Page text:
Seminar: Dennis Kim

“Finding Order in Disorder: Atomic-Scale Understanding of Phase Transformations”
Wednesday, March 13 at 1:00pm
MALA 5050
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Crystalline imperfections and their dynamics are essential in phase transformations and structure-property relationships in materials. Classical methods for determining atomic structures average over many unit cells. As a result, such methods cannot correctly capture atomic-level information on amorphous packing, point defects, chemical ordering, strain, and interfaces. I will first present my recent work extending atomic electron tomography (AET) to overcome the limitations of conventional methods to obtain 3D atomic packing information with picometer precision in amorphous materials. With every atom accounted for, we can understand how atoms in amorphous solids arrange in short- to medium-range order and the implications of these findings for metallic glasses. I will then present other systems where chemical ordering and crystalline imperfections of point defects, strain, and interfaces play an essential role in phase transformations and atomic-scale structure-property relationships. Finally, I will discuss how feedback loops powered by experimental coordinates with picometer accuracy, scattering spectroscopy, and ab initio computational methods will guide materials discovery and design.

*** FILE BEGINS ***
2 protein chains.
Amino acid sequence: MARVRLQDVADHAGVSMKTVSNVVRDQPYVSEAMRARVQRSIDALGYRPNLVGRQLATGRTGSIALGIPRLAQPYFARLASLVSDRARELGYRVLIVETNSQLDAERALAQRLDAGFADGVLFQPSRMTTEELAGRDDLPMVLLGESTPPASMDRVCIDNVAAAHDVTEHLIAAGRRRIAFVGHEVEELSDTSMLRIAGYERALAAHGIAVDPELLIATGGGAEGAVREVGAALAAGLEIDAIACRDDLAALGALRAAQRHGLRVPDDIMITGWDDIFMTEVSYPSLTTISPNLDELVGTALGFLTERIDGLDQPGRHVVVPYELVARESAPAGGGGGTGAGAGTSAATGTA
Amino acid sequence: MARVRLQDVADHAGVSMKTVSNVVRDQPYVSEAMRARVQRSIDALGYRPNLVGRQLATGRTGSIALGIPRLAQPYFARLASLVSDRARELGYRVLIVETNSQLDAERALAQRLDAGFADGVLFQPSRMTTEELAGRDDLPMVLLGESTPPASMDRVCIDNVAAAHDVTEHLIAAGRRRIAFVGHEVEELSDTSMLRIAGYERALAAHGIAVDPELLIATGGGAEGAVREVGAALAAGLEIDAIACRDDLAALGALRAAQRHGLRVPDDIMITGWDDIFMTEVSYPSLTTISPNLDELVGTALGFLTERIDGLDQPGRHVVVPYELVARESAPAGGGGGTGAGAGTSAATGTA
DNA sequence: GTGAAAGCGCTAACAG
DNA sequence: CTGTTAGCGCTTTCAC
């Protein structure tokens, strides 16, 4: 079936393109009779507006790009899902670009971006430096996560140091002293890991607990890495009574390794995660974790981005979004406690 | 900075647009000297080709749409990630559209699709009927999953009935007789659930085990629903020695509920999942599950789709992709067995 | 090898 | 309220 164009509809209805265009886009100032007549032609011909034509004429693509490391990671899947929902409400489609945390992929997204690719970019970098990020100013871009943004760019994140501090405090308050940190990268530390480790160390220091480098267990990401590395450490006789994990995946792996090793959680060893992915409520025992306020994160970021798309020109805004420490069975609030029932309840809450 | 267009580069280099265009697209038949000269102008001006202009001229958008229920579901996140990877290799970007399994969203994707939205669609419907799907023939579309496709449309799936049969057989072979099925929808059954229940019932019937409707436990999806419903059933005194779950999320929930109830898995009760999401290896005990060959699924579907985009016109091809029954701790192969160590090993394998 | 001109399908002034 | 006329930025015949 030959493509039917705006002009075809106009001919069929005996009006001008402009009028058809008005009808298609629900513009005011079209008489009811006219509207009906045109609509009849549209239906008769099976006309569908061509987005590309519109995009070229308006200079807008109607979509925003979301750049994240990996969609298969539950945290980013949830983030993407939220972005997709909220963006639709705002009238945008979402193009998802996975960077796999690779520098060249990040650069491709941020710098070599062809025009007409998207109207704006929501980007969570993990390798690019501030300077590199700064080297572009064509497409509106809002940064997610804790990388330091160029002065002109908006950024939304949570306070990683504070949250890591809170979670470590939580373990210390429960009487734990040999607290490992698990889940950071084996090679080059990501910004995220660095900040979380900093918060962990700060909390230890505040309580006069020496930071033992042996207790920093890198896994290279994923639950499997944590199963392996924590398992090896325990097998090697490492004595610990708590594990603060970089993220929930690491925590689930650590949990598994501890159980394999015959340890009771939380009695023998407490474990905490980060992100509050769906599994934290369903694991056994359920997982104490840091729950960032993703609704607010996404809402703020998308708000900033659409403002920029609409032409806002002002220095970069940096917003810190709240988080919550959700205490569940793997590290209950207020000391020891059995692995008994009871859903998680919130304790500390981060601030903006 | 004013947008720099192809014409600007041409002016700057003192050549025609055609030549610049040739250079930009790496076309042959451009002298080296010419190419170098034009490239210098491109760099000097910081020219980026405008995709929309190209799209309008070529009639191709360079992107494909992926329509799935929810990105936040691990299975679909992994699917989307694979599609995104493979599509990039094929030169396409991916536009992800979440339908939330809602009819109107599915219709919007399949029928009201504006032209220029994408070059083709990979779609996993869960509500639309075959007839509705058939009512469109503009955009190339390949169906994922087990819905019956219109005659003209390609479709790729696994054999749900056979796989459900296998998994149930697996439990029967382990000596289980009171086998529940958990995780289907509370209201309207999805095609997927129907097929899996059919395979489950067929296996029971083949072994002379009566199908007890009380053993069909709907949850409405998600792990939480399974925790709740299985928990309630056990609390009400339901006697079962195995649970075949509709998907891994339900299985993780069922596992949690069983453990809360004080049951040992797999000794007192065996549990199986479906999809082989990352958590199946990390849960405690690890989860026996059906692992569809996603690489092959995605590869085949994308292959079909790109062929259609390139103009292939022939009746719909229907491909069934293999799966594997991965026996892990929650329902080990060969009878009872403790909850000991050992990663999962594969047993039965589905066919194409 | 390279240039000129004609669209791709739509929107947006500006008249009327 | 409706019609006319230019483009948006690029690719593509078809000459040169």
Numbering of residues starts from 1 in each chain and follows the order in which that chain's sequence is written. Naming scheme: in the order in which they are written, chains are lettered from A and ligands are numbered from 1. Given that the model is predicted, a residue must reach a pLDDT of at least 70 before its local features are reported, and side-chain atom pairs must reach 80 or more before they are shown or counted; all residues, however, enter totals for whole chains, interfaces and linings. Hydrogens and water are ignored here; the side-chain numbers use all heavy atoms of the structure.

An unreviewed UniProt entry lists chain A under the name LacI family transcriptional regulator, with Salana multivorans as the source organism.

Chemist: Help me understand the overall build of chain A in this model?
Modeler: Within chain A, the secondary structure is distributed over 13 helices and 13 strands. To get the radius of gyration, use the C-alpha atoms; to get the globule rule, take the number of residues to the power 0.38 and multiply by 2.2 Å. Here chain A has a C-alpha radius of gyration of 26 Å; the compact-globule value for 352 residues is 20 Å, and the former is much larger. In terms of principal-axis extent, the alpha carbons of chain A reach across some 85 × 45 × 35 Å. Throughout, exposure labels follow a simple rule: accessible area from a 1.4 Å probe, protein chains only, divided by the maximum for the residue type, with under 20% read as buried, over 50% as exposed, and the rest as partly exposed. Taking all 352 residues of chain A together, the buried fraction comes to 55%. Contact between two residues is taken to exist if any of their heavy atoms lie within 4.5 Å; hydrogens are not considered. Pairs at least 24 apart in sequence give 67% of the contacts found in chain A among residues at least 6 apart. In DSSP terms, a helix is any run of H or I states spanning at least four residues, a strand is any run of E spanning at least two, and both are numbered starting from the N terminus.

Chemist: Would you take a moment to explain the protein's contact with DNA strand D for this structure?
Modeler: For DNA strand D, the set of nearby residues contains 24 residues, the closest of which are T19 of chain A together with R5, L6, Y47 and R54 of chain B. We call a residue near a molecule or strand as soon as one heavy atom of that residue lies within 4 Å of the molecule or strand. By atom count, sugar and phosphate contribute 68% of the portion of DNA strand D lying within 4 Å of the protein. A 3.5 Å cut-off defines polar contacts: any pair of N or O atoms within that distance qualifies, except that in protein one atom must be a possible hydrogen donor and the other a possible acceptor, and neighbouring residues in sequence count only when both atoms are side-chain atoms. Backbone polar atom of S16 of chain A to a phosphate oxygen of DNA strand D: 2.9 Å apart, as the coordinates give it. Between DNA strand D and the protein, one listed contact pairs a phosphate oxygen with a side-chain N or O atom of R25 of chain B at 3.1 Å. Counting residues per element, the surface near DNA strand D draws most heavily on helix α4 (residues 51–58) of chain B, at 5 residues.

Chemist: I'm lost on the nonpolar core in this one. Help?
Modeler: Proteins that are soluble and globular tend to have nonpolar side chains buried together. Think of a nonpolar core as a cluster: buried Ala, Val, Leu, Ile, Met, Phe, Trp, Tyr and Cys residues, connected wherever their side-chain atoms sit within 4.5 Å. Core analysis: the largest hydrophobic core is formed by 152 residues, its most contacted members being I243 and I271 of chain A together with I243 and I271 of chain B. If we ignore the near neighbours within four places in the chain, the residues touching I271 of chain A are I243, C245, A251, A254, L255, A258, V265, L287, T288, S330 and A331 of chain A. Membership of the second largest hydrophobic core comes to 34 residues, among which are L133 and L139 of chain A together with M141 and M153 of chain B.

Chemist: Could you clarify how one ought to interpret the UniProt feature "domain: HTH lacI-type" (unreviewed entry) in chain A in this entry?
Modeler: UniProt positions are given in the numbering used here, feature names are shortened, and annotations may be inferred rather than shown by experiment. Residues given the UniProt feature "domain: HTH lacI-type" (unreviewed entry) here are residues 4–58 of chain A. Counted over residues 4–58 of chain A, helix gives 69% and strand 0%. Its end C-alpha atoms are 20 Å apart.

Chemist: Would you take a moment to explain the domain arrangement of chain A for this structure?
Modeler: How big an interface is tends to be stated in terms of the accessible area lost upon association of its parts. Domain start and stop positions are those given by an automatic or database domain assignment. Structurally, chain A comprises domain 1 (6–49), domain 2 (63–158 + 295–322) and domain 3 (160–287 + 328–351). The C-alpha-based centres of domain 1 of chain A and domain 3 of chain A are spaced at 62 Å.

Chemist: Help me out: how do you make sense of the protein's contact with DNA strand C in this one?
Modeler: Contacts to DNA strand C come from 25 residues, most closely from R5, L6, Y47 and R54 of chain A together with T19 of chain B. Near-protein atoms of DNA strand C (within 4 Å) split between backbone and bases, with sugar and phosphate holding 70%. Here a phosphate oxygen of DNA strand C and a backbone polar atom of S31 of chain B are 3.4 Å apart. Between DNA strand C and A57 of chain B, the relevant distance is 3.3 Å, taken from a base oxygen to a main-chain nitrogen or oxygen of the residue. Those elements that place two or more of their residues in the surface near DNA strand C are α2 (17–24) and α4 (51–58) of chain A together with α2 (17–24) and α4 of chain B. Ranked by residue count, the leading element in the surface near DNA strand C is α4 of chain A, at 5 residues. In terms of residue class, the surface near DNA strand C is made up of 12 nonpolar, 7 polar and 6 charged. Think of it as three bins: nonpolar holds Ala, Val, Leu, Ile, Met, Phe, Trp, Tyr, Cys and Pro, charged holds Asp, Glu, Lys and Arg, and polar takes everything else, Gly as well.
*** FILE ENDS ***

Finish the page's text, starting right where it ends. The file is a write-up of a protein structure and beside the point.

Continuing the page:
Dr. Dennis Kim is a research scientist at the University of California, Los Angeles and holds a PhD in Materials Science from the California Institute of Technology. Prior to his current position, he was a postdoctoral associate in the Department of Materials Science and Engineering at the Massachusetts Institute of Technology and a STROBE postdoctoral fellow in the Department of Physics and Astronomy at the University of California, Los Angeles. His research background is in materials thermodynamics and understanding phase transformations through state-of-the-art scattering, imaging, and quantum mechanical computational techniques. He is interested in developing and optimizing materials for various applications in thermal, energy, and quantum sciences through a fundamental understanding from the atom up.